Connected intersection in Marysville, OH

Why You Should Participate in Connected Marysville

By Barbara Linstrom

Who doesn’t want safer roads, with fewer crashes and fatalities? Most of us have known someone who has been in a perilous car crash. Research shows that human error is linked to about 93% of serious crashes (see this NHTSA study).

Making Roads Safer

In explaining the value of the current landmark study on driver safety known as Connected Marysville, a leading Ohio traffic management expert emphasizes community buy-in. “If you have a community super engaged in making traffic safer and word of mouth kicks in and people are talking about it, then you are making that community’s roads safer,” says John MacAdam, an engineer who is known for leading innovative transportation solutions, pushing the envelope with technology, and communicating through change.

During his 16 years with the Ohio Department of Transportation, MacAdam came to believe that what will increase driver safety more than anything is community engagement and understanding. “We don’t need more engineering solutions as much as we all, as individual drivers, need to understand the impact we have on traffic safety. Connected Marysville is fascinating because it is targeted directly at driver behavior,” he adds.

How it Works

DriveOhio and the City of Marysville recently launched the pilot to test connected vehicle and roadside infrastructure technology. Drivers are still needed for Connected Marysville, which exemplifies the spirit of the Columbus region’s Beta District.

Your personal vehicle, equipped with connected vehicle technology, will advance long-term efforts to reduce traffic fatalities. You just drive your normal routes in and around Marysville. For 12 months, your vehicle will collect anonymous data on its driving behavior. You’ll receive proactive alerts such as a red light violation warning if a green light will turn red by the time you’re expected to approach it and a forewarning about adjustments in the posted speed due to a curve ahead. After the study’s conclusion, you can keep the technology in your vehicle for continued use.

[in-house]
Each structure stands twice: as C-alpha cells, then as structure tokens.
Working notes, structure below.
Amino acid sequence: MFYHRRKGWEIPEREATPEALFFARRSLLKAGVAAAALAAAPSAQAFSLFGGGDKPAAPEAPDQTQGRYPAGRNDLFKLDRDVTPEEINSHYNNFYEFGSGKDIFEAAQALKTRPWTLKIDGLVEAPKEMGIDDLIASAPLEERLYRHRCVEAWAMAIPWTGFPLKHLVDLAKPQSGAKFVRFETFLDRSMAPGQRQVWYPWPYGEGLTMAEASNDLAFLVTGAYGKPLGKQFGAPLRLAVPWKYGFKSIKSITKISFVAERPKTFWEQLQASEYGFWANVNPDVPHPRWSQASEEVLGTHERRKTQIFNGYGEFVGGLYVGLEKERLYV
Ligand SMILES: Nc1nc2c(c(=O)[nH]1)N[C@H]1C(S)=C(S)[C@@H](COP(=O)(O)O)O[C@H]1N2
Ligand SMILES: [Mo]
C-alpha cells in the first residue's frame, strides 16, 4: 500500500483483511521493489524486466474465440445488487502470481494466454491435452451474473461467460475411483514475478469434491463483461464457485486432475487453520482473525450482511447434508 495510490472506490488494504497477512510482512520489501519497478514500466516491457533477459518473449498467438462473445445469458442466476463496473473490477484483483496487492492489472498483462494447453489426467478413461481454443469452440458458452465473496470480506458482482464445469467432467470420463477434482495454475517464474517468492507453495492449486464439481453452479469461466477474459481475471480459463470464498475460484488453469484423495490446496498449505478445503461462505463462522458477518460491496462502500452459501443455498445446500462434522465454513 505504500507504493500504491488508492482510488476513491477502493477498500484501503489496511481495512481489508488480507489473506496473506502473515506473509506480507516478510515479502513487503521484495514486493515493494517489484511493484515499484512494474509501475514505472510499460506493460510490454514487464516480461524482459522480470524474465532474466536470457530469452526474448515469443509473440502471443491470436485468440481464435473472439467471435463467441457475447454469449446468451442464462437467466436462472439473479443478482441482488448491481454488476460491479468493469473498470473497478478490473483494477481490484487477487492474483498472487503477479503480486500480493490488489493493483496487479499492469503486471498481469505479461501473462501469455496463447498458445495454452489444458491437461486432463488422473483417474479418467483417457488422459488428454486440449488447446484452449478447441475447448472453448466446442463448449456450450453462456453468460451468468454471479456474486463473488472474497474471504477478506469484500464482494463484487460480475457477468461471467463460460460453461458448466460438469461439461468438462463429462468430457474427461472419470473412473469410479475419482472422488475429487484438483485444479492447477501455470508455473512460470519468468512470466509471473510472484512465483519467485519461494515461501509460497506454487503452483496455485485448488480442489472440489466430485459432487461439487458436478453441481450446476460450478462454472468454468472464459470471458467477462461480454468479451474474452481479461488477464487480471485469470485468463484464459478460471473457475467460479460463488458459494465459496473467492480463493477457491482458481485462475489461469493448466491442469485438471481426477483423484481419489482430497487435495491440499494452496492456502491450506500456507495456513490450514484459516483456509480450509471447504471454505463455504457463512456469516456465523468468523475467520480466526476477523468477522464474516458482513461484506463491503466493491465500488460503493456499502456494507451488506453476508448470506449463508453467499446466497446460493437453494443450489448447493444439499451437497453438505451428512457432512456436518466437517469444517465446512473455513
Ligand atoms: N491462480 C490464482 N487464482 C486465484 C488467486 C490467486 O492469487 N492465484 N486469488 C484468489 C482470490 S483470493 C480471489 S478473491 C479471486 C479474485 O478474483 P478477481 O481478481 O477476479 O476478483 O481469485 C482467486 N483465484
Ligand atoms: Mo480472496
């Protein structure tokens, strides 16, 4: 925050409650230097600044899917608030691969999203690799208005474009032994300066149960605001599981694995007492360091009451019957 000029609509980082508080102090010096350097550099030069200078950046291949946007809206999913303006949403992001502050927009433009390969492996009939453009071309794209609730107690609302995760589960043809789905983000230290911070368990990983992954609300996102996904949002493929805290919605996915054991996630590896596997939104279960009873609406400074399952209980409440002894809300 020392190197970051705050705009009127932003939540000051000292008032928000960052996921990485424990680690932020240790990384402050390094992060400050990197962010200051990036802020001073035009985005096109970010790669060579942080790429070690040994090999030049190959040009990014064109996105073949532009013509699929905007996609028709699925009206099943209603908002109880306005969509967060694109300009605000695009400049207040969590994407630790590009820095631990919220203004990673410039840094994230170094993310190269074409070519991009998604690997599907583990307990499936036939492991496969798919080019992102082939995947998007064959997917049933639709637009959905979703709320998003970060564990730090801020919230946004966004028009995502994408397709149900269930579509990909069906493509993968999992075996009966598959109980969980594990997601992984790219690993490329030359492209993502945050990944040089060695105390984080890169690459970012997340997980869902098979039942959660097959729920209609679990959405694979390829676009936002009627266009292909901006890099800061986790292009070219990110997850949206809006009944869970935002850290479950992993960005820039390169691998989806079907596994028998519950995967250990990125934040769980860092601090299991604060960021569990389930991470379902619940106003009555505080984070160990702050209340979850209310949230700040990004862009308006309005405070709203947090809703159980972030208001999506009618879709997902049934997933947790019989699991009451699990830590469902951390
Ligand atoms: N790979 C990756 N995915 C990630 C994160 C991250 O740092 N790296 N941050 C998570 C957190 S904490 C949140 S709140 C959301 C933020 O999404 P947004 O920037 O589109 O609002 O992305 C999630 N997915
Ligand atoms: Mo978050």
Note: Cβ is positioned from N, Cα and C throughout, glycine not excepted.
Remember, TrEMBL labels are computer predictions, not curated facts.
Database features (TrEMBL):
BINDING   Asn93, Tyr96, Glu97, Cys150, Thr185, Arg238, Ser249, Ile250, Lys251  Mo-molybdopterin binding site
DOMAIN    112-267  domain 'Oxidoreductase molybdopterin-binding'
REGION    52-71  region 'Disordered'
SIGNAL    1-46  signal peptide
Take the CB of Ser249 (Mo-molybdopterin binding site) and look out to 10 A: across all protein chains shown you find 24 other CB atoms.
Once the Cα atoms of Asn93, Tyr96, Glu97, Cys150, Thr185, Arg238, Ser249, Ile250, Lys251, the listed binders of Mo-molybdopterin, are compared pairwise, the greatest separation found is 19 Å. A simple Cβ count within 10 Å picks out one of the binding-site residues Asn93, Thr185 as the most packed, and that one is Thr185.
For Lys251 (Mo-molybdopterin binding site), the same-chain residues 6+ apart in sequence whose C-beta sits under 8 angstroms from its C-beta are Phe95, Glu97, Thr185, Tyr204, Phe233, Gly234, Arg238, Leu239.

The Future of Safety

“Ultimately, you will help inform how car manufacturers include tech in cars of the future,” says MacAdam. “Looking at the big picture — you will help save lives and help decrease crashes.” The technology informs drivers of upcoming dangerous conditions with dashboard alerts. “It’s a much more effective way to get a driver’s attention than road signs. And it can be informed by other data points such as excessive speed to alert drivers when they are approaching a curve too fast,” he adds.

Interested participants can see if they qualify by taking a short survey at Qualified participants can receive up to $180 in gift card rewards. To date, nearly 500 have qualified and over 90 have the technology installed.

With a master's degree from the E.W. Scripps School of Journalism at Ohio University, Barbara Linstrom has worked overseas as a journalist, and as a digital media director at a PBS/NPR station in Southwest Florida.